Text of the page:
This is my attempt at blogging. I'm still learning about the blogging world, and this is my own personal study hall.

Tuesday, October 19, 2010

Argh! The Tea Party, Limited Government, and States' Rights. Or: What happened to the freakin' Constitution?

Wendy Kaminer writes in the Atlantic that the Tea Party does not live up to its purported ideals of limited government. No kidding? Who knew?

Unfortunately, in making her point, she very badly falls into the trap of the Tea Partiers' (and Reagan-Bush II-Cheney Republicans') definitions of the terms she is trying to pry out of their hands.

Read the article, and (I hope) you'll understand what I mean.

Here's my take on it, as I wrote in the comments:

"Only a minority of libertarians (some of whom can be found at the CATO Institute) are consistent in their commitment to individual freedom and an unregulated marketplace."

Why does it have to be all or nothing in order to be consistent? Federal intervention in the market can be defined (and manifested) in different ways. Regulation is NOT the same thing as corporate welfare or takeovers of whole industries. Setting fair-play rules when corporations run by elites affect the lives of individuals in all 50 states is not necessarily anti-Federalist (at least not as far over the line as bailouts or corporate takeovers). And government recognition of marriage - at all - is as anti-Federalist as government restriction on some marriages. As a fundamentally religious institution, marriage ought not be dealt with by the federal government at all. If the government wants to promote higher birth-rates and finds it better for children to grow up in a family environment, then let's have tax policies that favor family units over non-family models of child-rearing, and let's have a political debate over what defines a "family". But let the government stay out of defining marriage altogether.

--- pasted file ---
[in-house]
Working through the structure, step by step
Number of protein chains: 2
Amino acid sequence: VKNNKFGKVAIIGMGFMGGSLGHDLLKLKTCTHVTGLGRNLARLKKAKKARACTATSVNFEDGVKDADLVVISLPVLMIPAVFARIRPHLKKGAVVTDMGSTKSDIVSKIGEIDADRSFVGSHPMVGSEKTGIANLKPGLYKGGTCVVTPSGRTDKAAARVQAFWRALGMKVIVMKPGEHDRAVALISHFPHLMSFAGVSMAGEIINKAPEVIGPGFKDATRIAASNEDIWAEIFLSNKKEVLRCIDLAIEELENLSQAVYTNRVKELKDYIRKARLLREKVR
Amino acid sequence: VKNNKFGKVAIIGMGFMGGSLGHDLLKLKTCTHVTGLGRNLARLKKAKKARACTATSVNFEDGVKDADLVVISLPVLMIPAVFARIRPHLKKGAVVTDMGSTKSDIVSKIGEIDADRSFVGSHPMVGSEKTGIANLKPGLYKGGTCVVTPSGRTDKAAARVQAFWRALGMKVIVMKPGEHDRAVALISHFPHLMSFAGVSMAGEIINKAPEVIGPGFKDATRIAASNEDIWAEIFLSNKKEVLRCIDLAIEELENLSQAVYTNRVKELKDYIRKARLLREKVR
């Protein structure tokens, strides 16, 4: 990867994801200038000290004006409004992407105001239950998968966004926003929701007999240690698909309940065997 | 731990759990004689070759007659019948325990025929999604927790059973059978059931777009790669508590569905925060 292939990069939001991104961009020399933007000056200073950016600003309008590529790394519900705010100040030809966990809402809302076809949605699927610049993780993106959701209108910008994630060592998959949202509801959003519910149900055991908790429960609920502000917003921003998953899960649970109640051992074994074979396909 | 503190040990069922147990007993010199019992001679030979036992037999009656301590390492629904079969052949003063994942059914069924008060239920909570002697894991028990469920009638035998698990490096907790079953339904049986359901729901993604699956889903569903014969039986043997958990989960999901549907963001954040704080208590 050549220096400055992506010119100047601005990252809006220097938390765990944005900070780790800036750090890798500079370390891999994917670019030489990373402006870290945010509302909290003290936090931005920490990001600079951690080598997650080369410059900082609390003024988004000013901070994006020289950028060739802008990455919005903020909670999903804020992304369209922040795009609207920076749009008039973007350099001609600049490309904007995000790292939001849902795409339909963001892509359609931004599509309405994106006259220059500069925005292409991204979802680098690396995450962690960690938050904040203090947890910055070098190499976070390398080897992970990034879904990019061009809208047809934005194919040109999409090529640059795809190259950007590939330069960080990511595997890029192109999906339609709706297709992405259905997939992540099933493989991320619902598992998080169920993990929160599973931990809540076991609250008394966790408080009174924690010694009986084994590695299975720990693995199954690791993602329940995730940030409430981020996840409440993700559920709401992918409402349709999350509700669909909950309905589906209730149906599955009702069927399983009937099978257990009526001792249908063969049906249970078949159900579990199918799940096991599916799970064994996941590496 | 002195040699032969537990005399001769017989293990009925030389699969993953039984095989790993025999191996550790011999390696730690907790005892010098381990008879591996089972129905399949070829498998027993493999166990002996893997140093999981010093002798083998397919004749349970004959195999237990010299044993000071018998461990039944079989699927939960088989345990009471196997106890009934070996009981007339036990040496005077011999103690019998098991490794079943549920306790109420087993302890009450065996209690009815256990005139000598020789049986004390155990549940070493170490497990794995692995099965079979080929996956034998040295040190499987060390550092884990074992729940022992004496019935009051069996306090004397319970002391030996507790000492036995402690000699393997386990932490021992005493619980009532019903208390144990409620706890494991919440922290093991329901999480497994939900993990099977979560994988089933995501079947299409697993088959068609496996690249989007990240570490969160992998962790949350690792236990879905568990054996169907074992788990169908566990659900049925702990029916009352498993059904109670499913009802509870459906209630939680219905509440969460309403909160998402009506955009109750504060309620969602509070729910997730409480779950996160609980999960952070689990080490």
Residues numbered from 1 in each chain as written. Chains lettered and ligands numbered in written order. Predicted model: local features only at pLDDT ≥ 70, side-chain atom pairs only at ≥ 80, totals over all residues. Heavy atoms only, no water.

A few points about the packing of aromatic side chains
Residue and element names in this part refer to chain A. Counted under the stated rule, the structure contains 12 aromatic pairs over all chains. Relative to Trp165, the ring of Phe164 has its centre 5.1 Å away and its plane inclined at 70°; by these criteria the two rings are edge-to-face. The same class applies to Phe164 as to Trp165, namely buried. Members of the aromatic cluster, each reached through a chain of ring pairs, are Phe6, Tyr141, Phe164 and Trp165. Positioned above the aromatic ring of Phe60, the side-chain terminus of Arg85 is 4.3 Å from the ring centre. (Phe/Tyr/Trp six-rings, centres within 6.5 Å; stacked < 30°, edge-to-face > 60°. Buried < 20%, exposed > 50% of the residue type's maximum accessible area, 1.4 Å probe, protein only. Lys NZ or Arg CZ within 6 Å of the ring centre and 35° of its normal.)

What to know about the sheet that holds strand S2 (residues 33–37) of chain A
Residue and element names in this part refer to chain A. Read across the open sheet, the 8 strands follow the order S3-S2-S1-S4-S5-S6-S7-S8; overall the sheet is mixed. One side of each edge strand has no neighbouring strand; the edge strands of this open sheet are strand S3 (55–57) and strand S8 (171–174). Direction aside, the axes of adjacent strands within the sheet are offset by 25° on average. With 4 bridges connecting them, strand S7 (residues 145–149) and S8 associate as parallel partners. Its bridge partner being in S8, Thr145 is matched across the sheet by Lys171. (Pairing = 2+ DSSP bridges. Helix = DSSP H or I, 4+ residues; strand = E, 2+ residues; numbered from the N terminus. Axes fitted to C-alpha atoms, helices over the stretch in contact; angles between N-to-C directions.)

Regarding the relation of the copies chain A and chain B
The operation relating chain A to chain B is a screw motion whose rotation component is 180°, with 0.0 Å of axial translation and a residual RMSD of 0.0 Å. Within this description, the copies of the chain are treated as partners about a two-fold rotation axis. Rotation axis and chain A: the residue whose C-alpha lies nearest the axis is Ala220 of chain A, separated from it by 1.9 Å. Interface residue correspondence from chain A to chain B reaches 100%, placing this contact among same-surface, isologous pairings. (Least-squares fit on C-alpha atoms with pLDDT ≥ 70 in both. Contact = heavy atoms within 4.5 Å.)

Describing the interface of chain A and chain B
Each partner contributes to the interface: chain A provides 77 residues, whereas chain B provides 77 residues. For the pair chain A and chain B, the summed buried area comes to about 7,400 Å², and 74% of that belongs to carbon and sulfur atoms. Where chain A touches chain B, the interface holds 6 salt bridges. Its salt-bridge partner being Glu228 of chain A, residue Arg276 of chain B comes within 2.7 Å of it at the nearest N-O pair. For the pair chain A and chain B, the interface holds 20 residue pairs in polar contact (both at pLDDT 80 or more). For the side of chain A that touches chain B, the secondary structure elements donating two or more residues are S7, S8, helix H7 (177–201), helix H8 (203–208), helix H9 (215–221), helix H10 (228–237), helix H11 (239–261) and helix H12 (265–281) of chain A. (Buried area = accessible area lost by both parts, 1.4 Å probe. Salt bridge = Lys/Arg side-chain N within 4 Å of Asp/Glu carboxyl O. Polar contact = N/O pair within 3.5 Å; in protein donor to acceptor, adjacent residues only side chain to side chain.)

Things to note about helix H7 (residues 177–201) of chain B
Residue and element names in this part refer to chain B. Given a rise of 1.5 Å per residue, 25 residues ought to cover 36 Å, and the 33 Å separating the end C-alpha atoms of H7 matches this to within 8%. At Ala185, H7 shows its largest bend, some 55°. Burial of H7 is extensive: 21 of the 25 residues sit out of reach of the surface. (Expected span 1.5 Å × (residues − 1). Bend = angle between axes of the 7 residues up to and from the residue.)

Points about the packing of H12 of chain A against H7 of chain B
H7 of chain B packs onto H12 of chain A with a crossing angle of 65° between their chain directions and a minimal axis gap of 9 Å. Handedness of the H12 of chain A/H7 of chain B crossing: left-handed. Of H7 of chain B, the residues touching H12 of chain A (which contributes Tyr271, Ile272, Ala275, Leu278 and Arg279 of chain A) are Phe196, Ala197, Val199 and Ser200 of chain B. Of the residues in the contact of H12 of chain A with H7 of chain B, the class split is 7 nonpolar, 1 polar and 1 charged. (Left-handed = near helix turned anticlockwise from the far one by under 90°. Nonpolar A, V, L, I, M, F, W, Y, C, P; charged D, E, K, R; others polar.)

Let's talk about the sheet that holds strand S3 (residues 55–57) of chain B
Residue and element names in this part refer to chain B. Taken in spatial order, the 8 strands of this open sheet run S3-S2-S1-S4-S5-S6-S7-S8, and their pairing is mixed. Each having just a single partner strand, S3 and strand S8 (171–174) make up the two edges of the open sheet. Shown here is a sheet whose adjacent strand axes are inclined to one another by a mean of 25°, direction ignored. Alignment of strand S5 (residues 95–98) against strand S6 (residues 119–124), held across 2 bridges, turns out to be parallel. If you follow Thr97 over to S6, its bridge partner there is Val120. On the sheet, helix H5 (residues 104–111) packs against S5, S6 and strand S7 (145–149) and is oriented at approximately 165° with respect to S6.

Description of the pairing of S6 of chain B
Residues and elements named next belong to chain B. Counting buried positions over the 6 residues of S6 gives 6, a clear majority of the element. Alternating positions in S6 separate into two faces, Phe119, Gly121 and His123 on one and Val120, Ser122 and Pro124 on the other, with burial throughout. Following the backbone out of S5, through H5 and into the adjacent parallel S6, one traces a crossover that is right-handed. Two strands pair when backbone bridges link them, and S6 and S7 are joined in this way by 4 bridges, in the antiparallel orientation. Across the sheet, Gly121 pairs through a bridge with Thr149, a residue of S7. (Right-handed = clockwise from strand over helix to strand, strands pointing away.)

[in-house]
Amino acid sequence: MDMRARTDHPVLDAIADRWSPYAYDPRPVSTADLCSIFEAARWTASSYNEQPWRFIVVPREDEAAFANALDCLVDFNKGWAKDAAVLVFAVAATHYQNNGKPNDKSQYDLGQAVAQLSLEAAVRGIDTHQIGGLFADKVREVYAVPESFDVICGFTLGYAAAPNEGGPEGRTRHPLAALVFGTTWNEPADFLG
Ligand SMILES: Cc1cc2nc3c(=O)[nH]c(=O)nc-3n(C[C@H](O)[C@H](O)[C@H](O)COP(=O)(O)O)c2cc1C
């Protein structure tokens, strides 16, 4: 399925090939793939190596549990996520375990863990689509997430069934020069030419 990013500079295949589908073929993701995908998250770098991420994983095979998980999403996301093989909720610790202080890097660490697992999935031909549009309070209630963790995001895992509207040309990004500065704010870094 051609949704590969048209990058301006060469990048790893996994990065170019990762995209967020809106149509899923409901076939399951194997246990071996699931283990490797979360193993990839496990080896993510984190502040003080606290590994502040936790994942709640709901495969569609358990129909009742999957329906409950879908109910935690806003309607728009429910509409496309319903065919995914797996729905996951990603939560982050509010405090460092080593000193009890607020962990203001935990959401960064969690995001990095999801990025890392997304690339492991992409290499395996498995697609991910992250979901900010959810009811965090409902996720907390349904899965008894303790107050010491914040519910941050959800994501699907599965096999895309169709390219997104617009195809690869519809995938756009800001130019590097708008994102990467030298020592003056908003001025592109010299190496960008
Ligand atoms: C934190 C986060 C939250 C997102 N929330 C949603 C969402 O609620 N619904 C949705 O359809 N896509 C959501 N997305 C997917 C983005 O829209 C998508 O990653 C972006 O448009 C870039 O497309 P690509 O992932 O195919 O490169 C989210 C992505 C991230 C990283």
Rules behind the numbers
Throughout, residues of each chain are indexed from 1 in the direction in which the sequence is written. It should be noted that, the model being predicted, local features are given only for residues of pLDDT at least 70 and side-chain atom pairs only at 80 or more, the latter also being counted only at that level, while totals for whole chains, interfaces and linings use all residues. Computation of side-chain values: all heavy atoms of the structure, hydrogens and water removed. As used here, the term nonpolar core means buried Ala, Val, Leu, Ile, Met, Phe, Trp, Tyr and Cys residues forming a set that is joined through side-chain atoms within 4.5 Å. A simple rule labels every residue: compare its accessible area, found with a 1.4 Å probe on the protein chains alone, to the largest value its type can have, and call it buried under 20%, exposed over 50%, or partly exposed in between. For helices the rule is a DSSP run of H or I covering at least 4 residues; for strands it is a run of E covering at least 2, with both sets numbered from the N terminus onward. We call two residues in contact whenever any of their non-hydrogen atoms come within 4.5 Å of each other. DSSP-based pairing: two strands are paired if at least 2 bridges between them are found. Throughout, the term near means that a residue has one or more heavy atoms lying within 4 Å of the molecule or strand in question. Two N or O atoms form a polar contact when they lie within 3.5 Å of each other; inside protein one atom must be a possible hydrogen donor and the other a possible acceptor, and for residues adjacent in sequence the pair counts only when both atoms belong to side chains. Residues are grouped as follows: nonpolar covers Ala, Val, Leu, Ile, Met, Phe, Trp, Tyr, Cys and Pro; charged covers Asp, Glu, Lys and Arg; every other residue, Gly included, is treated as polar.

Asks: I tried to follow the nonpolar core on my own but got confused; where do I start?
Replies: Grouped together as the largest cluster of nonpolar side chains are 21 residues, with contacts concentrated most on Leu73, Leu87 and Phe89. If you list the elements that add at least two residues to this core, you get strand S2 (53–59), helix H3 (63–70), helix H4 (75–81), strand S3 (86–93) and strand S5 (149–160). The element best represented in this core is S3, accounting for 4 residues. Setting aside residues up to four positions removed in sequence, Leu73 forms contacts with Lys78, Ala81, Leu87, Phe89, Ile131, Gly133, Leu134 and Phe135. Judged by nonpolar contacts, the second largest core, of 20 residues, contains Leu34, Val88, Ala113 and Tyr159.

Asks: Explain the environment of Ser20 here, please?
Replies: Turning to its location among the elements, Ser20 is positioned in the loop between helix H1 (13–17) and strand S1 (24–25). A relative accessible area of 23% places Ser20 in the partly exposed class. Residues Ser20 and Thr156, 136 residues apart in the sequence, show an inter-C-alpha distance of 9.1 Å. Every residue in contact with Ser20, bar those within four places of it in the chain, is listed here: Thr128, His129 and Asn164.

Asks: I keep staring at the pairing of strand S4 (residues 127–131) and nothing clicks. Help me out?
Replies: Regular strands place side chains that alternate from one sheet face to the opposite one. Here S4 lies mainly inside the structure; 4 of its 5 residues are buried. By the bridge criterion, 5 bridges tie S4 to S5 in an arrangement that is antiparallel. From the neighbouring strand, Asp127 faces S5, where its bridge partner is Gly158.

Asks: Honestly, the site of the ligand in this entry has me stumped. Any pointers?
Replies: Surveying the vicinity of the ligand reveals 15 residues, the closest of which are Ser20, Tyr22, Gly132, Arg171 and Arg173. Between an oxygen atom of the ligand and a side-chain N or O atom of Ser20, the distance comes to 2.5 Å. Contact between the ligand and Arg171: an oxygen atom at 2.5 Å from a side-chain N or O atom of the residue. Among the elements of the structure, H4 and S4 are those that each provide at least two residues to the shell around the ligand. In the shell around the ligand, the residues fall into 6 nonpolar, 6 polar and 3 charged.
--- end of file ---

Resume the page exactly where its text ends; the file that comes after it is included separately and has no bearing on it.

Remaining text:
There needs to be a serious debate about what role the federal government has in a society that is supposed to be made up of "the several States", as our Constitution refers to them over and over. Simultaneously, and not necessarily independently, there needs to be a serious, renewed debate about States' rights, what that means, what the limitations are, and what the limitations are on the federal government's reach into states' affairs.

And, hello? Doesn't anyone ever read the 9th or 10th amendments? Or do they get confused by the 7th, gloss over the 8th ("Yeah, Cruel and Unusual Punishment is bad; I get that") and then quit?

Just as a follow-up point, it turns out that Christine O'Donnell doesn't know what the Constitution says. There's a shocker.

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